5. The handset of claim 1, wherein the server includes a state table generation component operable to create the state table information.

6. The handset of claim 5, wherein the state table generation component includes a heuristic component operable to determine which next states to include in the state table information based on at least one past input of the user.

7. The handset of claim 1, wherein the digital images and the state table information are transmitted according to at least one Ajax programming tool.

8. A system for providing fault tolerance in a wireless communication, comprising: a handset containing a buffer operable to accumulate a plurality of digital images and to provide the accumulated digital images to promote display on the handset, and further containing a state table framework operable, when a wireless connection to a server is available, to receive at least some state table information from the server, the state table framework further operable, when the wireless connection to the server is not available, to respond to an input on the handset by transitioning to a next state in the state table information to promote display on the handset related to the next state; and the server containing a state table generation component operable to create the state table information.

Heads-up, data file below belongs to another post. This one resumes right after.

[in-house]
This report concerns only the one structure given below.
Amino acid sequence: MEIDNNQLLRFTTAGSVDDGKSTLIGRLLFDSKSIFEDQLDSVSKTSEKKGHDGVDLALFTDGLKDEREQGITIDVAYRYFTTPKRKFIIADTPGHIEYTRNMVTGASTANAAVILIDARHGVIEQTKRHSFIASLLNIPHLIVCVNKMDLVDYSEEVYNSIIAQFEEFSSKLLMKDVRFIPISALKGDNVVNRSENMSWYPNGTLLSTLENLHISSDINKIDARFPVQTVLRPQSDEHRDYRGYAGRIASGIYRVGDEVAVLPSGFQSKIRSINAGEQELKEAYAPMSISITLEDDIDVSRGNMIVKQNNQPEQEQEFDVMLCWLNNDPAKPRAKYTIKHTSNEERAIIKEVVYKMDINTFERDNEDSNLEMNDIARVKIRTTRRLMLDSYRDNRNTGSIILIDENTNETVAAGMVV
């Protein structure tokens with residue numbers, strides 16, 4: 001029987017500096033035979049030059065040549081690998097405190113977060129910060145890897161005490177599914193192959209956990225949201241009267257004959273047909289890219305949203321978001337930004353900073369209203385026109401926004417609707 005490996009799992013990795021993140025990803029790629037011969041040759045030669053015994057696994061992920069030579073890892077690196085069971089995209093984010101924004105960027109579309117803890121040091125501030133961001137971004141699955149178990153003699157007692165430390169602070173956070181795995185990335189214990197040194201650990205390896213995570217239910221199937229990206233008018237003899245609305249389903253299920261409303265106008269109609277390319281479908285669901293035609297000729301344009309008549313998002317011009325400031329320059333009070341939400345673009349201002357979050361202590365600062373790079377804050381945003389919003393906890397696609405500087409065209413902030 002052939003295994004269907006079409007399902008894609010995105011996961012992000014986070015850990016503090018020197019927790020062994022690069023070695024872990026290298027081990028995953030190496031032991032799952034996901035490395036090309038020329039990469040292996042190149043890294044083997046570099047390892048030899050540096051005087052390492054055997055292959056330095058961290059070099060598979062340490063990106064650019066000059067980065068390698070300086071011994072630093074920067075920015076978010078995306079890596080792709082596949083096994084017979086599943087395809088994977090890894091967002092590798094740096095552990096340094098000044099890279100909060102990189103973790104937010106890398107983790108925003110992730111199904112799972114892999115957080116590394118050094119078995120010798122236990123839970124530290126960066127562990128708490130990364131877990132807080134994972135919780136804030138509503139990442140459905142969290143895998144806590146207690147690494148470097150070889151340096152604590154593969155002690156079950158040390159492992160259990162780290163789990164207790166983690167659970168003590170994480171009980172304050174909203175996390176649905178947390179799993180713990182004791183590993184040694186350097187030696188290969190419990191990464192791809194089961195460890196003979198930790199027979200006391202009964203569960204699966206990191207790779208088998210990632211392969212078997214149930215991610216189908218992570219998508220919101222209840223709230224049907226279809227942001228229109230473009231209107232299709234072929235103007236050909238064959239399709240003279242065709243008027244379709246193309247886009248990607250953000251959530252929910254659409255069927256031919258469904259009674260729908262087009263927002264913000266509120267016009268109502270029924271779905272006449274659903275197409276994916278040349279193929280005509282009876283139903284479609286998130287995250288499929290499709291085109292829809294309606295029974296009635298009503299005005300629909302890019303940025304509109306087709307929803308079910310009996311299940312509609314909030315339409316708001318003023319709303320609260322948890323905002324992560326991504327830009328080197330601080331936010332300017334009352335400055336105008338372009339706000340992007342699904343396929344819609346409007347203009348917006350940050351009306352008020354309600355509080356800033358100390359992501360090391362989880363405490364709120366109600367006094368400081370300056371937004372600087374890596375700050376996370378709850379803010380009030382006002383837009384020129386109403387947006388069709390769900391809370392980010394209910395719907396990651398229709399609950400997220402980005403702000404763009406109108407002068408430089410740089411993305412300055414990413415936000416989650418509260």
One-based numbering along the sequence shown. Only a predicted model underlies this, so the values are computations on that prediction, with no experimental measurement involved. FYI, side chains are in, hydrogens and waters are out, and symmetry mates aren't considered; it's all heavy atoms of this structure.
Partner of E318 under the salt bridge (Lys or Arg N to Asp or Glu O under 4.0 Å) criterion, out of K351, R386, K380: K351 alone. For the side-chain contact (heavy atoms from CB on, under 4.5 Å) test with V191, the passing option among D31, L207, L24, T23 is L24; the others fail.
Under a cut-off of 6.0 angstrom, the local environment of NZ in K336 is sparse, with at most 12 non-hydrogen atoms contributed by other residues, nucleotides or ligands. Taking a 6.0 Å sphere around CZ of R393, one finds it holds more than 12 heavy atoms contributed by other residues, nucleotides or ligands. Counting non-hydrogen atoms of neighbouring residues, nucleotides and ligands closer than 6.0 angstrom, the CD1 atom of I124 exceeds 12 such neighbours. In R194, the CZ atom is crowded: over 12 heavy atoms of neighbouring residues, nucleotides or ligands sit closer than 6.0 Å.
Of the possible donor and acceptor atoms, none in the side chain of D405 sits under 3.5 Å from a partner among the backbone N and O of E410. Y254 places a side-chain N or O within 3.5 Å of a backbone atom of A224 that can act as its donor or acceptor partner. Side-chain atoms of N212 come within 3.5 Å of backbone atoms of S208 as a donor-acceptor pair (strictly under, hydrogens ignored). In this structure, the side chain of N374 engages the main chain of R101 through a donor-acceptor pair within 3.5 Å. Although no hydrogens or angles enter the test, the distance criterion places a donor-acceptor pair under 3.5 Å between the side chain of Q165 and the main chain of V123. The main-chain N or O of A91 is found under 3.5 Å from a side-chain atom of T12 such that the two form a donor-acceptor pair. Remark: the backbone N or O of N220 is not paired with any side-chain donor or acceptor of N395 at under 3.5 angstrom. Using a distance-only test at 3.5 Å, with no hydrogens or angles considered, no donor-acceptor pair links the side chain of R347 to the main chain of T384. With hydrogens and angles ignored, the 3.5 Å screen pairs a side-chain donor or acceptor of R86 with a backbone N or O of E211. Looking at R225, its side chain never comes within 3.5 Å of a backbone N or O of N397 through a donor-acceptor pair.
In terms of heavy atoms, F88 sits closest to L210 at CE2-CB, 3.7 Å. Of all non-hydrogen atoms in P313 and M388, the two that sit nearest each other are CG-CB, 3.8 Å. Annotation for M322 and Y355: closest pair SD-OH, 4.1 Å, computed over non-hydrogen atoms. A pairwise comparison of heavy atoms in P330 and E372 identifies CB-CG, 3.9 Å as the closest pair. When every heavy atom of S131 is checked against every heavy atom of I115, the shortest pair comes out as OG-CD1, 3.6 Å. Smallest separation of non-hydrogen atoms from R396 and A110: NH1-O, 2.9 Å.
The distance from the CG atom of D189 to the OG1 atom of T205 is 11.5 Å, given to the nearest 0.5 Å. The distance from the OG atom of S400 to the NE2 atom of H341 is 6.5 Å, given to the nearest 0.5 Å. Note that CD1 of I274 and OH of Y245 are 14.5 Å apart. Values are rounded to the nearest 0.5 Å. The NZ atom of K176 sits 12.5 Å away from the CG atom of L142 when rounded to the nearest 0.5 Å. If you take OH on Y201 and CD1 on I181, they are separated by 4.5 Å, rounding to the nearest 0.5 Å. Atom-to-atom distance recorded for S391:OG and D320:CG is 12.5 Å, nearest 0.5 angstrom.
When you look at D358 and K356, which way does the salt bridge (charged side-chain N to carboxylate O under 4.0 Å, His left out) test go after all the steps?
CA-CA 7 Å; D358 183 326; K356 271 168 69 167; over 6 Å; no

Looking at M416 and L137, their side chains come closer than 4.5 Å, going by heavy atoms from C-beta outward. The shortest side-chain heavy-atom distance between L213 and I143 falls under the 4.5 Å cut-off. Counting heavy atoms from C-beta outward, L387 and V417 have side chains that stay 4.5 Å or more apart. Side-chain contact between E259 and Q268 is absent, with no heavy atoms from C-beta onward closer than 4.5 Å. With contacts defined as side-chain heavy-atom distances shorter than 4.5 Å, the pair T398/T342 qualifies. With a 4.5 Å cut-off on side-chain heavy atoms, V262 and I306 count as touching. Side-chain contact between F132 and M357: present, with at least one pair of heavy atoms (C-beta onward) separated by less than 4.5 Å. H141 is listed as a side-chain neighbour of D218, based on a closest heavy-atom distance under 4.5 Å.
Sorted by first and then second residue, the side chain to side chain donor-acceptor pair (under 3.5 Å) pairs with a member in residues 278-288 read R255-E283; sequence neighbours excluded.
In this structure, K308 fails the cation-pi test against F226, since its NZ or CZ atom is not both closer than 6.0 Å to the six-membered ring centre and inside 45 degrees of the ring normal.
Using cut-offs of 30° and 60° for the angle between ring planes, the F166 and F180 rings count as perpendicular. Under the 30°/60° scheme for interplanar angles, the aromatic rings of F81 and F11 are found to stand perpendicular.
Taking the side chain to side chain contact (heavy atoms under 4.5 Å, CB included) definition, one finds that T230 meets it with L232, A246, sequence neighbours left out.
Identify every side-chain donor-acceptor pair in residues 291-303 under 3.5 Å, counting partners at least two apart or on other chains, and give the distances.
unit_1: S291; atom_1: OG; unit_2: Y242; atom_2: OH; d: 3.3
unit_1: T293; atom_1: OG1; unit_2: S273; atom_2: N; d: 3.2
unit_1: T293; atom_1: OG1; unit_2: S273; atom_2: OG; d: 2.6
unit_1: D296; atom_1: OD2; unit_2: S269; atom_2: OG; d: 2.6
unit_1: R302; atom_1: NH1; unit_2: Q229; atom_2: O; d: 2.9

9. The system of claim 8, wherein the handset is operable to access an application that is executable on the server.

10. The system of claim 8, wherein the state table framework comprises: a state table memory location operable to store the state table information; and a state table driver operable to receive the input, find the next state in the state table information that corresponds to the input, and cause the transition to the next state.

11. The system of claim 8, further comprising a component that, when the wireless connection to the server is not available, passes one of the digital images from the buffer to a display on the handset when data entry from a user is not provided and passes one of a plurality of outputs related to the next state from the state table framework to the display when data entry from the user is provided.

12. The system of claim 8, further comprising a user input memory location operable to store at least one user input when the wireless connection to the server is not available and operable to send the at least one stored user input to the server when the wireless connection is restored.

13. The system of claim 8, further comprising a plurality of applications executable on the server and accessible by the handset, the plurality of applications not stored on the handset.